2) A more sensitive test is to measure expired hydrogen gas after drinking milk. Significant elevation of hydrogen gas is evidence that you have trouble digesting lactose. The gas, which is produced by bacteria in the large intestine reacting with the milk sugar, will increase when you don't have enough lactase enzyme to break down the lactose. While you may experience abdominal cramps or diarrhea as a result of the tests, the procedures are not dangerous.
Many people who think they have difficulty digesting milk really don't have a problem. Recent studies have shown that lactose intolerance may be confused with other digestive disorders such as acid indigestion, ulcers, irritable bowel syndrome and intestinal gas. Taking drugs to ward off muscle pain, such as ibuprofen and aspirin, can also upset your stomach. Lactose intolerance is a trendy condition of the '90s. But just because your stomach hurts, don't automatically assume it's because of milk intolerance.
If I never had problems digesting milk in the past, can I develop problems in the future?
You can develop milk digestion problems at any age. Lactase deficiency can be caused by infectious diarrhea, some drugs, medical treatments such as surgery, radiation or antibiotics, and many diseases that affect the digestive system. You tend to lose your ability to digest lactose with age. By the time you become an adult, you usually don't have the same capacity to digest milk that you did as a child.
I love to drink milk but it upsets my gastrointestinal tract. Can I do anything to increase my lactose tolerance?
You can improve your ability to digest lactose just the way you can train your muscles. Studies have shown that people with lactose digestion problems who continue to drink milk can tolerate as much as eight ounces of whole milk a day because of adaptations by intestinal bacteria. People can increase their tolerance to milk products by eating fermented products such as cottage cheese, yogurt and hard cheeses. Products are available that predigest the lactose in the milk and make it almost lactose-free.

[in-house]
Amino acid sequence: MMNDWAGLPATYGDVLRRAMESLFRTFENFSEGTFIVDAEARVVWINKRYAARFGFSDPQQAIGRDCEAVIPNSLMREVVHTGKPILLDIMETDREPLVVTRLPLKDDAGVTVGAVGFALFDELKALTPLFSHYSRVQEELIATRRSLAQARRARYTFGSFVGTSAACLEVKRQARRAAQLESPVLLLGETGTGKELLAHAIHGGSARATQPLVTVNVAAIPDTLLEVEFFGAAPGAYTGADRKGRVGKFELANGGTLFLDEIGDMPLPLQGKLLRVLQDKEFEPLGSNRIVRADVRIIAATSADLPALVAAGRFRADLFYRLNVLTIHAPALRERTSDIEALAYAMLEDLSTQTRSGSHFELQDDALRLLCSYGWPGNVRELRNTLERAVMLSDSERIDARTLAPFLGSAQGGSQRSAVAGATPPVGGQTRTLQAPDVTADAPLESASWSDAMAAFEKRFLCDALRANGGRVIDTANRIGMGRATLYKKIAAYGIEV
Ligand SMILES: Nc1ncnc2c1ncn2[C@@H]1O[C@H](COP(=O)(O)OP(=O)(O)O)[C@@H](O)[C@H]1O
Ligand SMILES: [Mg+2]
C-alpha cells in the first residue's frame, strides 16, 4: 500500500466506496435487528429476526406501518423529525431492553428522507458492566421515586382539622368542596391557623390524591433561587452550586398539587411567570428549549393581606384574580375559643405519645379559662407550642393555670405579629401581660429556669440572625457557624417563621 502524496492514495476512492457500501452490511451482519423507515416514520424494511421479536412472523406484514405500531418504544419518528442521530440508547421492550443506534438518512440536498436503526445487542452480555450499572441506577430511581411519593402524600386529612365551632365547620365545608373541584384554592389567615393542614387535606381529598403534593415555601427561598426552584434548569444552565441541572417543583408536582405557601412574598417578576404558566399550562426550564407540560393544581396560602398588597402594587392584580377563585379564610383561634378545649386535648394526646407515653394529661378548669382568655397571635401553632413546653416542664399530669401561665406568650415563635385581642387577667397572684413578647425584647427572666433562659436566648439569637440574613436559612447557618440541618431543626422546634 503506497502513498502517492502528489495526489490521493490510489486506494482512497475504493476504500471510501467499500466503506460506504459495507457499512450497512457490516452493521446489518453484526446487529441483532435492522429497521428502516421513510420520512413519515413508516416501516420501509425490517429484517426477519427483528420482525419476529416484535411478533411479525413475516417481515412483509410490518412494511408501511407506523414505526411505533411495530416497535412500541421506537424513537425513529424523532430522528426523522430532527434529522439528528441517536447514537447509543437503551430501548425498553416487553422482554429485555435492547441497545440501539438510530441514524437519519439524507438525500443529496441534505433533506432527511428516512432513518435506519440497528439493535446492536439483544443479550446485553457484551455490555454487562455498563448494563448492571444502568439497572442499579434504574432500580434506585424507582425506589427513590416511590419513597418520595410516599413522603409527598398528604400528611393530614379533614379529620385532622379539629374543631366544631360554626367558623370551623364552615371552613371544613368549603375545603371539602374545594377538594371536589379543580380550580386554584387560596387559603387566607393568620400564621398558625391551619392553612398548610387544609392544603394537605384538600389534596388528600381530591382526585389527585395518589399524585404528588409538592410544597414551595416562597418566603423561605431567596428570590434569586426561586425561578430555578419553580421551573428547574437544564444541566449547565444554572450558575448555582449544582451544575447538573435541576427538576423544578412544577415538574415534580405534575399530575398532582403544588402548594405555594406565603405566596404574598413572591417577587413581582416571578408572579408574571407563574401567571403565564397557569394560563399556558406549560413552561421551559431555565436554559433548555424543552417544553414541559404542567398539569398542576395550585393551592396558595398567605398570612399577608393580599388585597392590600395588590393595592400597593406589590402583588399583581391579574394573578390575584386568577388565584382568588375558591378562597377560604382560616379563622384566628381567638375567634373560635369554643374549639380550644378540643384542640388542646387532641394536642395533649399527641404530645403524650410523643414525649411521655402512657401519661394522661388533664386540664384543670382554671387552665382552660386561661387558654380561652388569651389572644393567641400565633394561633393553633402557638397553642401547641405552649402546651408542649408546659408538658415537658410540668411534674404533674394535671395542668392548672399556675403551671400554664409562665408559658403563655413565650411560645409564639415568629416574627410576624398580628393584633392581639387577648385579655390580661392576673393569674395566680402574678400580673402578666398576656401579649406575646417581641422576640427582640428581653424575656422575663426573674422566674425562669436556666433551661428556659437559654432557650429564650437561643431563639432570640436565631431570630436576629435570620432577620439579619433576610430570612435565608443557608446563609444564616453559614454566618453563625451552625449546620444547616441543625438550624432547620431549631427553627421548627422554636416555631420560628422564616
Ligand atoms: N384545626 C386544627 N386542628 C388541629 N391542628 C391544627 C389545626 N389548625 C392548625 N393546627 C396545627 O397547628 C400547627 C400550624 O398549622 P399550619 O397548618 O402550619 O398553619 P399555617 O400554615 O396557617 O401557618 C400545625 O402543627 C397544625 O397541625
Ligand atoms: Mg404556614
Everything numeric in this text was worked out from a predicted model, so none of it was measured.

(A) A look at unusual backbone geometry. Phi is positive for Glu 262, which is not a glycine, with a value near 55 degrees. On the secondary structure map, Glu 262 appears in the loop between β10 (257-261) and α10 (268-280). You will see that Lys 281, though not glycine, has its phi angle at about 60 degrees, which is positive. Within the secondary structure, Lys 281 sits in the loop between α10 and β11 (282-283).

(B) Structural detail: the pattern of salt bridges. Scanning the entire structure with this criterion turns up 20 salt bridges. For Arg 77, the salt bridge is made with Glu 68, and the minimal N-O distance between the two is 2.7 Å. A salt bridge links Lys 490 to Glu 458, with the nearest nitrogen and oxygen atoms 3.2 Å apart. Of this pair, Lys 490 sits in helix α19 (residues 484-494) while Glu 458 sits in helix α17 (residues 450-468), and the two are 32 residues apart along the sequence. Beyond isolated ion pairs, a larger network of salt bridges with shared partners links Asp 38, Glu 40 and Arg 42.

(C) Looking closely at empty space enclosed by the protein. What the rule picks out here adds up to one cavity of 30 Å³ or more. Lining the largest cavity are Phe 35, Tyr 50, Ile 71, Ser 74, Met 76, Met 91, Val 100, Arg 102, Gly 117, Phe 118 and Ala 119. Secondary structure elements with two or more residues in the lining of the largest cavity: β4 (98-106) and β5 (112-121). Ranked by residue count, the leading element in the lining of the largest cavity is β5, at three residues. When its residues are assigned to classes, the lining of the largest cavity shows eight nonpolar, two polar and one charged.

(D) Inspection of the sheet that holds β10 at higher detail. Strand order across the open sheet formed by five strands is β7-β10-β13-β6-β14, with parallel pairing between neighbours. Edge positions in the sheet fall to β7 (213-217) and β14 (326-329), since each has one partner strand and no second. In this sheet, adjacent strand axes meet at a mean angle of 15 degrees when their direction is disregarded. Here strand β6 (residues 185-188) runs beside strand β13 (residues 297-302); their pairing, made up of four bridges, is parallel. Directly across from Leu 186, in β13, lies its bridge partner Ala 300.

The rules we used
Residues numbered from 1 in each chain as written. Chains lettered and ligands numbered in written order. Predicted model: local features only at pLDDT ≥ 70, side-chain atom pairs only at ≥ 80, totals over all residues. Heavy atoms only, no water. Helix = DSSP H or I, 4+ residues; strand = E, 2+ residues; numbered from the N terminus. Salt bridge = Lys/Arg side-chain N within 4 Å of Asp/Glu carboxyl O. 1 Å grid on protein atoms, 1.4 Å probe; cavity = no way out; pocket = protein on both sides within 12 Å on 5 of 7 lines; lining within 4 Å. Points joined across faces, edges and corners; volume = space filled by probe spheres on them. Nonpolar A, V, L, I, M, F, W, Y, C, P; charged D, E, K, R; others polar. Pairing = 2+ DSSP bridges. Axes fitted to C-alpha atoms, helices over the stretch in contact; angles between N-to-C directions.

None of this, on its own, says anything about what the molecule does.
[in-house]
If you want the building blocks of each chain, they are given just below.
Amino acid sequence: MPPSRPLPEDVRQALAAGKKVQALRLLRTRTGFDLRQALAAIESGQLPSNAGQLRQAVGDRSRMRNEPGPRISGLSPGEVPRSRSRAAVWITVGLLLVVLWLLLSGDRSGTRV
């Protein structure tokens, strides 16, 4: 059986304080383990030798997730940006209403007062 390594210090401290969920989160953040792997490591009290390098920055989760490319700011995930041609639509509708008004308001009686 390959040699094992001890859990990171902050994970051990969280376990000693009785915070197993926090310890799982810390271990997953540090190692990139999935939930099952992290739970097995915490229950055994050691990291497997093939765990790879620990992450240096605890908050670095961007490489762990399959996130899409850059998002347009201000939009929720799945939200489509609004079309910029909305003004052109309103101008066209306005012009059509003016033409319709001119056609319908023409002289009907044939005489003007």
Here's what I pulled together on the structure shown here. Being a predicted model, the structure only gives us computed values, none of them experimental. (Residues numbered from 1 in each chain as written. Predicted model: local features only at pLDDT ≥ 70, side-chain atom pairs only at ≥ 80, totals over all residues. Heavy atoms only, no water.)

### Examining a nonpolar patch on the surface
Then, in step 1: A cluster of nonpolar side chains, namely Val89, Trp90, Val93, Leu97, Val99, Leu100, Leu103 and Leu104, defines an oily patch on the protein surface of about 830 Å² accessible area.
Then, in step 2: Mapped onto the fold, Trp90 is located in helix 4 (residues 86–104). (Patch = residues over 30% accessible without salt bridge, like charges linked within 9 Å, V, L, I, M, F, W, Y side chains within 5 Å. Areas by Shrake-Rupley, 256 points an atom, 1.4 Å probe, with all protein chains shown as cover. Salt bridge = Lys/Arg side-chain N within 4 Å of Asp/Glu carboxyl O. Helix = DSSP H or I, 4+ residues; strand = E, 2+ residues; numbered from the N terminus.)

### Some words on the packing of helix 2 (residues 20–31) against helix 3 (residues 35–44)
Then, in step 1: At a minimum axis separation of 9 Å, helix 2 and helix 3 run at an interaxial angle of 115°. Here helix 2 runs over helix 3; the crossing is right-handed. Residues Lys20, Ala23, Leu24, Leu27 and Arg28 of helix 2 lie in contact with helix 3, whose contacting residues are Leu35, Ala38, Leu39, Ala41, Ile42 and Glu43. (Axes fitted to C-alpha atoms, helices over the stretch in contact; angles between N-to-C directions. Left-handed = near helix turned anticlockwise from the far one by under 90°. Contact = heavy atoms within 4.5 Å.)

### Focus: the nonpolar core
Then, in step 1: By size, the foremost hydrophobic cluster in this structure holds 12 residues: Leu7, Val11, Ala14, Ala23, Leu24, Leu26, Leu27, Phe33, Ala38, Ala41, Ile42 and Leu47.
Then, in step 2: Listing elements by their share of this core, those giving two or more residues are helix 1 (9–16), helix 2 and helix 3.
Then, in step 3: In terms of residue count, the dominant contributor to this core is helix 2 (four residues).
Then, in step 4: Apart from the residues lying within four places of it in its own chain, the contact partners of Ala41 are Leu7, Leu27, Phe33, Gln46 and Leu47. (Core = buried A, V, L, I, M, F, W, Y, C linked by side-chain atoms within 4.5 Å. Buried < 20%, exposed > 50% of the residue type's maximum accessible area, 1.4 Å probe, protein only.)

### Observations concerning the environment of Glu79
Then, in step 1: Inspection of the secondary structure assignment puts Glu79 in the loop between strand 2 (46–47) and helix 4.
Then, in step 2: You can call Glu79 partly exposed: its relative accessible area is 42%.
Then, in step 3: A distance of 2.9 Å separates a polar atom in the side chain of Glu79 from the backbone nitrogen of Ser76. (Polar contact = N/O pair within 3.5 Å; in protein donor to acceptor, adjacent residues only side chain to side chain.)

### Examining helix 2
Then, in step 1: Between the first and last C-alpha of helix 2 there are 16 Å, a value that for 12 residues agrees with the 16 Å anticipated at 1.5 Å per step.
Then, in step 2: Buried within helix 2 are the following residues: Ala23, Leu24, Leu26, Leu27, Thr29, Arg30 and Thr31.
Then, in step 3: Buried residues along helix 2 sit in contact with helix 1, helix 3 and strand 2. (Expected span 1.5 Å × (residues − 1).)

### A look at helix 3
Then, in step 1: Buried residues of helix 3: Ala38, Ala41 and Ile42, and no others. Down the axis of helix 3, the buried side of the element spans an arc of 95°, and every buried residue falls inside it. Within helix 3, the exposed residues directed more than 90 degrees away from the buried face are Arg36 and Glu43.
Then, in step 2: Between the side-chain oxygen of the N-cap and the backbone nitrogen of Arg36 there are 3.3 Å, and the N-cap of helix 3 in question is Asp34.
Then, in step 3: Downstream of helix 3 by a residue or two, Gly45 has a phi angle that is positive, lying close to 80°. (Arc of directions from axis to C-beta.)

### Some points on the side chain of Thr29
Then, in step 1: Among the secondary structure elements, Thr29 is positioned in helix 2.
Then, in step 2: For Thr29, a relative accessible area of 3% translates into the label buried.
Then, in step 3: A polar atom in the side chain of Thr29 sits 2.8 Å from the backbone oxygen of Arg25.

Completely avoiding milk products may make your problem worse. You need to take in some milk products to maintain the lactose-consuming bacteria. If you totally avoid these foods, you suppress these bacteria while the number of gas-producing bacteria increase. When this happens, you become much more sensitive to lactose in the future.
Can consuming milk products with a meal improve lactose tolerance?
Yes. Dr. Michael Martini of the University of Minnesota Department of Food Science and Nutrition found that drinking milk with a meal reduced digestive problems in almost 70% of the lactose-intolerant people in the study. Drinking milk with a meal improves lactose tolerance because it slows down the emptying time from the stomach. The lactose enters the intestines more gradually, so it is easier to digest.
Are there lactose digestive aids that will allow me to consume milk products?
Many companies market lactose digestive aids containing the nonprescription lactase enzyme B-galactosidase. These products are taken either orally to help your digestive system break down milk sugar or mixed with milk and then refrigerated for 24 hours while the enzyme breaks down the lactose.
The most popular lactose digestive products include Lactaid, Dairy Ease and Lactrase. Researchers at Baylor College of Medicine in Houston found that none of the products they tested had any effects on gas. However, they provided some relief of abdominal cramping and bloating. The researchers noted large individual differences in effectiveness of the products -- some people experienced much relief while others didn't notice any benefit.
Is acidophilus milk helpful for people with lactose intolerance?